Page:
A baby angel had been spotted eating out of a neighbor’s trash again, preferring curbsides where trash barrels have already been knocked over by a dog or some other animal looking for scraps. Reports suggest that because of their resemblance to human babies, they may like to lick the sugary residue left by soda bottles and various juices, acting upon a need for love and nurturance that has yet to be fully realized. What can look like a heightened predisposition to diabetes can be easily mistaken for what experts are now calling the “Pantry Effect,” or what others have dubbed the “Gingerbread Man Syndrome.” Baby angels can, it is theorized, because of an absence of object awareness and a variety of unsubstantiated environmental factors, without provocation, start seeking out containers, garbage bins, recycling bins, paint buckets and the like, first, to be cocooned, and when unable to feel completed by one, eventually seek to become the container they are seeking by digesting the contents of said container, which makes them feel safe and loved. I decided to see what it was all about, so I patrolled the neighborhood hoping to catch one. It only took about 10 minutes to spot one. At first I thought it was a seagull, because of the wings. As I got closer, I noticed its head was buried deep in what looked like a fried chicken bucket, but I suppose it could have been a popcorn bucket. I got level with it. “Show me your face,” I said. Neighbors began flying out of their homes, tentatively with their cameras. Apparently, I wasn’t the only one who’d been thinking about doing my own reconnaissance. I grabbed it by the ankle and gave it a little tug to help it make a decision. “Leave me alone,” it said. It swatted at my wingtip. Where did these things come from? “You don’t have to be frightened little guy,” I said. “Stop trying to steal my food,” it said. It was obviously reliving some kind of trauma. “I’m not trying to steal anything, baby angel,” I said. “I just want to know why you’re here, and who you really are.” It backed out of the Finkin’s trash barrel and flew off, disappearing over the roof of the movie theatre. I heard someone behind me. It was Mrs. Bryant. “What did you find out?” She said. “Not much. But I got a good look,” I said.
Published by Chris Russell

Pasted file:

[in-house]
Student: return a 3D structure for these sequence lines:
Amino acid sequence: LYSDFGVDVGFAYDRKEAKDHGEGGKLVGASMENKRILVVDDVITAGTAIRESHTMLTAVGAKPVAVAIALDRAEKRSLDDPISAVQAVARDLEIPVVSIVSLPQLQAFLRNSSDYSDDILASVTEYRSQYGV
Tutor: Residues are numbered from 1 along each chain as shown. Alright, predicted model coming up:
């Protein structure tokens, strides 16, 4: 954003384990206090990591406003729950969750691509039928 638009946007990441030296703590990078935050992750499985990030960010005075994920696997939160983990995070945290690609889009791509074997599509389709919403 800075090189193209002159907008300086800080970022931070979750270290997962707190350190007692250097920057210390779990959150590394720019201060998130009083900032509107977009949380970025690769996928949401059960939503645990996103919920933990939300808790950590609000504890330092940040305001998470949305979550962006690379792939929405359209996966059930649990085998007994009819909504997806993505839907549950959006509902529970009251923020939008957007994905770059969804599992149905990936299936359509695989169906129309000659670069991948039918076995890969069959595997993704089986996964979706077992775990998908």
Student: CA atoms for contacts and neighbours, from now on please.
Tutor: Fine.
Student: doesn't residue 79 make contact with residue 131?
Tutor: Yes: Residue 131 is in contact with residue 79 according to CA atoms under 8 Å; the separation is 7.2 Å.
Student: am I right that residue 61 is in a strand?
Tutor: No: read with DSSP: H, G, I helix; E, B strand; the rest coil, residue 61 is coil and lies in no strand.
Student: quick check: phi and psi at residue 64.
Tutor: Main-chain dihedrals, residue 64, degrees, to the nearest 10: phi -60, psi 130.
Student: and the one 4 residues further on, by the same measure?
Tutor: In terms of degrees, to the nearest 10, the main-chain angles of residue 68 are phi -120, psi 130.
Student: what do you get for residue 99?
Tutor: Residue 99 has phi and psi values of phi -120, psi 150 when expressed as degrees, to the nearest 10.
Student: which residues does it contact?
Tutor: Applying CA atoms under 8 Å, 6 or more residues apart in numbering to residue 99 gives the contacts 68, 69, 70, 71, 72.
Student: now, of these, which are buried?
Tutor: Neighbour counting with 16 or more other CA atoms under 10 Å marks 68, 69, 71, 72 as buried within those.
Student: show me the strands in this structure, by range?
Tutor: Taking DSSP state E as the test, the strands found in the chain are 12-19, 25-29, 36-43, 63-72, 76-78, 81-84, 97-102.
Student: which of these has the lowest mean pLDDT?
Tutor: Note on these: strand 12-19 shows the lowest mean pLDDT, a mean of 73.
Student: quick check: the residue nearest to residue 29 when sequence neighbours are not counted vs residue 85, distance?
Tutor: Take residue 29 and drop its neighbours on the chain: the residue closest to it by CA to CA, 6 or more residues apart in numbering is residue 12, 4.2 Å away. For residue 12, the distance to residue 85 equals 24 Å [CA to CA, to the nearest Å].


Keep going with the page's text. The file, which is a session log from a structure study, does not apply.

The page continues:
Hi, I'm Chris, and thank you so much reader for visiting my blog and wanting to learn a little bit about me. I know time is a hot commodity these days, more so now than ever I think, which is why it’s my hope that you make it a priority to read my poems under some low light when you have some time on your hands and can really read and reread them closely and experience something shining in them. It’s my sincerest hope that they make you want to look at yourself, your world, and poetry itself a little differently, while they also encourage you to be more kind and gentle with yourself and others. I know when I read a poem, regardless of its subject, I expect to feel asked in and touched by its speaker. Sometimes it happens. Sometimes it doesn’t. That’s the way it goes, right? It would be great though if some of these poems brushed against you. As for when I write, it’s always my intention to lift and exteriorize more understandably complex emotions and states of consciousness I’m currently experiencing, and it's usually through an analysis and highly conscious reframing of my childhood that this happens, though I’ve been known to veer into writing surreal-like absurdism and allegorical prose poetry when the wind splits me that way. Where am I on the planet? This MFA in Writing fossil with an ever expanding Dad bod now lives and works in Concord, New Hampshire where I currently divide much of my time between writing, blogging, assisting middle school students who have special needs, and navigating the journey that is my own really unimpressive, but no less valuable dark night. From my own cave in the wilderness, I’d like to say thanks again for stopping by and spending some of your invaluable time. I invite you to please put your feet up and subscribe for a while, and if you’re feeling moved by one of my poems please share it with a dear friend, preferably someone who doesn’t like poetry. View all posts by Chris Russell